We care about you and about your writing. Too many demands may cause resentment, frustration directed towards what you love and what brought about the\
    demands-the writing. Don't leave the profession behind, leave the pressure behind instead.
    If you're considering it, the question becomes, 'what approach?' Will you just stop emailing, set limits to what you'll respond to, provide say, monthly access on a fan site? Never mind the emails I'm overwhelmed by the topic! πŸ™‚

  30. Marie-Reine

    Well… for whatever help it might be, I'd never heard of you or your TV show before seeing your name on Murderati.

  31. Anonymous

    You have written a lot of books, Tess. You have a tv show based on your characters. I think it is time to move up to the big playground and get a personal assistant. There are REALLY good ones. Your agent or publisher may be able to suggest an employment agency specific to your business. The PA will filter most of the emails and/or respond professionally for you and can show you a list of emails for your approval or trash can that he/she is unsure of at the end of every few days.

    People who have written as many books as you have need an assistant. Period. Even famous artists have assistants do some (sometimes A LOT) of the work on *their* art. Sculptors, installation artists and muralists in particular. You don't need anyone to help you write. You need someone to do *secretarial* tasks.

  32. Spencer Seidel

    I sincerely hope this is a problem for me one day πŸ™‚

    If I were lucky enough to have this problem, I think I would do what at least one other here suggested: set aside an hour a day to answer fan email, ignoring all the weirdos and people who've taken it upon themselves to yell at you for some reason. If it takes 3 weeks to get to someone's email, than so be it. I don't think that any fan writing actually expects to receive a timely response, no? I sure wouldn't. I would be amazed with any response from a writer I admired!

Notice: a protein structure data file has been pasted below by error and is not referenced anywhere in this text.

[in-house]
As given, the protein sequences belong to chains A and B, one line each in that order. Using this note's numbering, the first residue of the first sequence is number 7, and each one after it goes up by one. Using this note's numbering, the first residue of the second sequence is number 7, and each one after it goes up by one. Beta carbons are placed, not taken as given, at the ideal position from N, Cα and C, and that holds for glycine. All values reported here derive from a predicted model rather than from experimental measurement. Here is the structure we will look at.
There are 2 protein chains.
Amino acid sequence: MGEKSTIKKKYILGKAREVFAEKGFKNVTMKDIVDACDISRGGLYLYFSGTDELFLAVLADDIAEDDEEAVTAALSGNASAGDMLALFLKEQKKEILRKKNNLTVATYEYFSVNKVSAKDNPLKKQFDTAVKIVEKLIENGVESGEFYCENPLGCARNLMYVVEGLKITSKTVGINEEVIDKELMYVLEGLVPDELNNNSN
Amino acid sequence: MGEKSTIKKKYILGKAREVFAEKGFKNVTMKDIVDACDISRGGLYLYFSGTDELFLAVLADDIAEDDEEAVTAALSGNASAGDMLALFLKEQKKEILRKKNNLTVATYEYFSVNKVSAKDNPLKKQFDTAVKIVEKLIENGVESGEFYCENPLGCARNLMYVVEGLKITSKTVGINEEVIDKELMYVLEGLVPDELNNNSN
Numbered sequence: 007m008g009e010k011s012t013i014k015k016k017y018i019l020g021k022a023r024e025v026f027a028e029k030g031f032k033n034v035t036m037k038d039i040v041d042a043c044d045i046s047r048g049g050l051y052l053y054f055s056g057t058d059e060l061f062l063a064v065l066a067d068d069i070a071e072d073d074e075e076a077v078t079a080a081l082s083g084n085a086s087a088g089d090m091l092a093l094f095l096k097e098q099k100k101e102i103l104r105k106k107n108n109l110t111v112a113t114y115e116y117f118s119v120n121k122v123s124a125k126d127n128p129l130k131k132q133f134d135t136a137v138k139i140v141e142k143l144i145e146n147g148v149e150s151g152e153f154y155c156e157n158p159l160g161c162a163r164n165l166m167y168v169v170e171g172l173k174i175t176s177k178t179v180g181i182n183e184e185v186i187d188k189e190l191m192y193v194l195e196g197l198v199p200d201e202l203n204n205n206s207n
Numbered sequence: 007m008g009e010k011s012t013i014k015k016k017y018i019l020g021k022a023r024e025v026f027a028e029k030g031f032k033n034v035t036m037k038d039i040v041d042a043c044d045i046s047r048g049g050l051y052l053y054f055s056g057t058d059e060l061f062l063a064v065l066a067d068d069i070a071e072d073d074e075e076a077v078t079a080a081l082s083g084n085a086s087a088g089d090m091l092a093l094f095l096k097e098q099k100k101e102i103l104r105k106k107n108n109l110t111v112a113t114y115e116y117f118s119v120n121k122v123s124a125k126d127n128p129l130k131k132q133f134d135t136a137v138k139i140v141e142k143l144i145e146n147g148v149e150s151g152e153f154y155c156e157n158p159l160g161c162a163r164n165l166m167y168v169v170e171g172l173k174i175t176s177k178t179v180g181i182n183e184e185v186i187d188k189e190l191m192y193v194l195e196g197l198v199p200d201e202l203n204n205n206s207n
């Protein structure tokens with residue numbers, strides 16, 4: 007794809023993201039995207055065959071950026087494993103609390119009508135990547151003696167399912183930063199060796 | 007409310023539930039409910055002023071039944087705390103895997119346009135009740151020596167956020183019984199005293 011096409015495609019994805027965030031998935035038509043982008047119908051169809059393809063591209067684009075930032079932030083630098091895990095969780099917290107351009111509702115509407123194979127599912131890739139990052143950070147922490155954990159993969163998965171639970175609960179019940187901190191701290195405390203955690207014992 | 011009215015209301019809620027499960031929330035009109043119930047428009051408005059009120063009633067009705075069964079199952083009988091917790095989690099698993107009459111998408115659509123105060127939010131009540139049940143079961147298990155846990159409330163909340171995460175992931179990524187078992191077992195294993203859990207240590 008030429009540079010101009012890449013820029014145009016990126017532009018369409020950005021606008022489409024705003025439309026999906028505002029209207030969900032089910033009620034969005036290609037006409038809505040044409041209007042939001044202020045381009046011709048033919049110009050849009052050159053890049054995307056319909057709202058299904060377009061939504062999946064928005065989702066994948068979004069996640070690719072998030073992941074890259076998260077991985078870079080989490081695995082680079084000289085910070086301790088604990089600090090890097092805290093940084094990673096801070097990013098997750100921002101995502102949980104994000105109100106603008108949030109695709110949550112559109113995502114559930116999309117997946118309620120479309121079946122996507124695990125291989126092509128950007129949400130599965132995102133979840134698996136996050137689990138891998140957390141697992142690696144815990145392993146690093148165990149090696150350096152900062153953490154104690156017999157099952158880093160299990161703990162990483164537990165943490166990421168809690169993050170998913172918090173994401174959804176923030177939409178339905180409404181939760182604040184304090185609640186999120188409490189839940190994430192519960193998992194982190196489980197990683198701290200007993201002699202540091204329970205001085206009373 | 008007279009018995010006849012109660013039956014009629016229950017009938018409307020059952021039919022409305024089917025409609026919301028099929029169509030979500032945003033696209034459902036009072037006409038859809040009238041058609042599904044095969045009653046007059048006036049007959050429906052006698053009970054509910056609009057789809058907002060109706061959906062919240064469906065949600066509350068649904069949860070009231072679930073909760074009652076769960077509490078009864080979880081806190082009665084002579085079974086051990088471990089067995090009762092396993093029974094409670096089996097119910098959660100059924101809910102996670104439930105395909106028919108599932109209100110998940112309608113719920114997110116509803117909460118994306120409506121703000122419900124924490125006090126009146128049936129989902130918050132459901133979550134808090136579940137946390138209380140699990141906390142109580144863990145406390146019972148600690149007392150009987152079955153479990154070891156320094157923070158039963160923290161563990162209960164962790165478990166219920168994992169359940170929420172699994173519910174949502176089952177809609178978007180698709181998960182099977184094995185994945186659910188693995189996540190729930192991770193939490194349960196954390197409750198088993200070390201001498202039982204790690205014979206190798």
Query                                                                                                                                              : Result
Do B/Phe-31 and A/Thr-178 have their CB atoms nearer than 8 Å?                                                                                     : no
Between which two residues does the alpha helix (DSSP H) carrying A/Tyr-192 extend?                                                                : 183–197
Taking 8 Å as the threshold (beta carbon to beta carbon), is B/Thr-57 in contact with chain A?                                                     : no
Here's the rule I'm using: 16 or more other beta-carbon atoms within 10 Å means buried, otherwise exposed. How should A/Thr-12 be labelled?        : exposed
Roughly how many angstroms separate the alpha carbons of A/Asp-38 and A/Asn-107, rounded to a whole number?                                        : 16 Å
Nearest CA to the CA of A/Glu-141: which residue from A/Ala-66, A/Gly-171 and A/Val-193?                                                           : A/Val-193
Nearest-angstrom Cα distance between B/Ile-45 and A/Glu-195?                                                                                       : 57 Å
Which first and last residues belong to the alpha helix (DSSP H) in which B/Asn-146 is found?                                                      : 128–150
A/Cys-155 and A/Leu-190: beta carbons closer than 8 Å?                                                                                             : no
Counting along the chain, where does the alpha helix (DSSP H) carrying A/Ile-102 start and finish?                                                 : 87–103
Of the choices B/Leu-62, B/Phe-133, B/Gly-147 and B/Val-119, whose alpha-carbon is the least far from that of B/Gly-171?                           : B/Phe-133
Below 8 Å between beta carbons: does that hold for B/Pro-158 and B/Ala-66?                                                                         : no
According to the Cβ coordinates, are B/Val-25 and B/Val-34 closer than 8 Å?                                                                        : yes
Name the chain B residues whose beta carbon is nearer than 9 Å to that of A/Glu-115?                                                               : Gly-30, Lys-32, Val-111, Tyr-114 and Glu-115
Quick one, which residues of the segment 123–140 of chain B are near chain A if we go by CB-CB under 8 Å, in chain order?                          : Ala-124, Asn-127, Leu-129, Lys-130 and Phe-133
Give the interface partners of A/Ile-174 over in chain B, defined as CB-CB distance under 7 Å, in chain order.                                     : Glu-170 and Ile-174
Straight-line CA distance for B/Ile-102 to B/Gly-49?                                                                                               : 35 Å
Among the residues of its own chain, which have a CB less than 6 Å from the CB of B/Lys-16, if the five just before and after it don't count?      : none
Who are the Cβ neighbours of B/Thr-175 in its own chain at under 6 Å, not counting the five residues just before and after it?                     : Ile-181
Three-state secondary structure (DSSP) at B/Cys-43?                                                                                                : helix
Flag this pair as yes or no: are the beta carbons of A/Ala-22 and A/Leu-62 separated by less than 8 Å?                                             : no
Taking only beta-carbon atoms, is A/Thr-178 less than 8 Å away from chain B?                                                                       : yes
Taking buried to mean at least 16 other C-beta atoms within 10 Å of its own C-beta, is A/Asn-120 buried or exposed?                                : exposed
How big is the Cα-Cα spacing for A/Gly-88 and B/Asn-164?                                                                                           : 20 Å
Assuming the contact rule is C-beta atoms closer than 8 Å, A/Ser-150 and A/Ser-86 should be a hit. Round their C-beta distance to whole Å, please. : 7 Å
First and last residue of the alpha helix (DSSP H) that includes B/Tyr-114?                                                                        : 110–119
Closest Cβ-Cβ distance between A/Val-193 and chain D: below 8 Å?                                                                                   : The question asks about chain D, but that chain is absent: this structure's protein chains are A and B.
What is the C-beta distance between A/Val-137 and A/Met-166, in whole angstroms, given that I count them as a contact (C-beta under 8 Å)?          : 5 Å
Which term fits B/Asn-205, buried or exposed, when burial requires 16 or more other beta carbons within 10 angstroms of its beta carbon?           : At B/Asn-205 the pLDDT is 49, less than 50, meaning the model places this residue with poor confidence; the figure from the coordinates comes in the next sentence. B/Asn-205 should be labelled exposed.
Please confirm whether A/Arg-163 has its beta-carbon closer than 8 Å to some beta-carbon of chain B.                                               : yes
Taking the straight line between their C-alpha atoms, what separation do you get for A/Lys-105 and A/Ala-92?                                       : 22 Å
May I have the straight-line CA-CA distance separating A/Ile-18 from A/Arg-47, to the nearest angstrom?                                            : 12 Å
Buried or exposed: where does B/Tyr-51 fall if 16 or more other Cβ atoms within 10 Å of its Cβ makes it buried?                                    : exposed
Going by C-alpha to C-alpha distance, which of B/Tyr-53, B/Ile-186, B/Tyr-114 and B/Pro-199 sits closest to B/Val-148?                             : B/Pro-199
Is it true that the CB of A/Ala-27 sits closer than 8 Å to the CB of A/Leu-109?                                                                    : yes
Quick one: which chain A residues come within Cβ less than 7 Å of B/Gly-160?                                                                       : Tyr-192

33. Debbie

    I quickly checked out the Russian romance scam and it's basically a request for money. Corespondence begins between the scammer and the victim once the scammer has a photo to enclose with love letters. A photo is sent and eventually a request for money is made because a job was lost, an operation needed…. If you're really curious this lengthy post explains how to scam the scammers. So your photo, in this situation, only proves to the victim that an attractive woman is falling in love with them. The provider of the photograph is not asked for the money by the scammer, the victem who received your photo along with love letters is.
    http://www.romancescambaiter.com/vladbaiting.htm

  34. Boyd Morrison

    Allison, do you know how the Russian scam works? The only thing they have is my photo and autograph, which is not my legal signature. They don't have anything you'd normally associate with ID theft, like my address, phone number, SSN, or credit card info. I haven't gotten any requests for money (which I would simply ignore). The thriller writer in me is curious.

  35. Susan Shea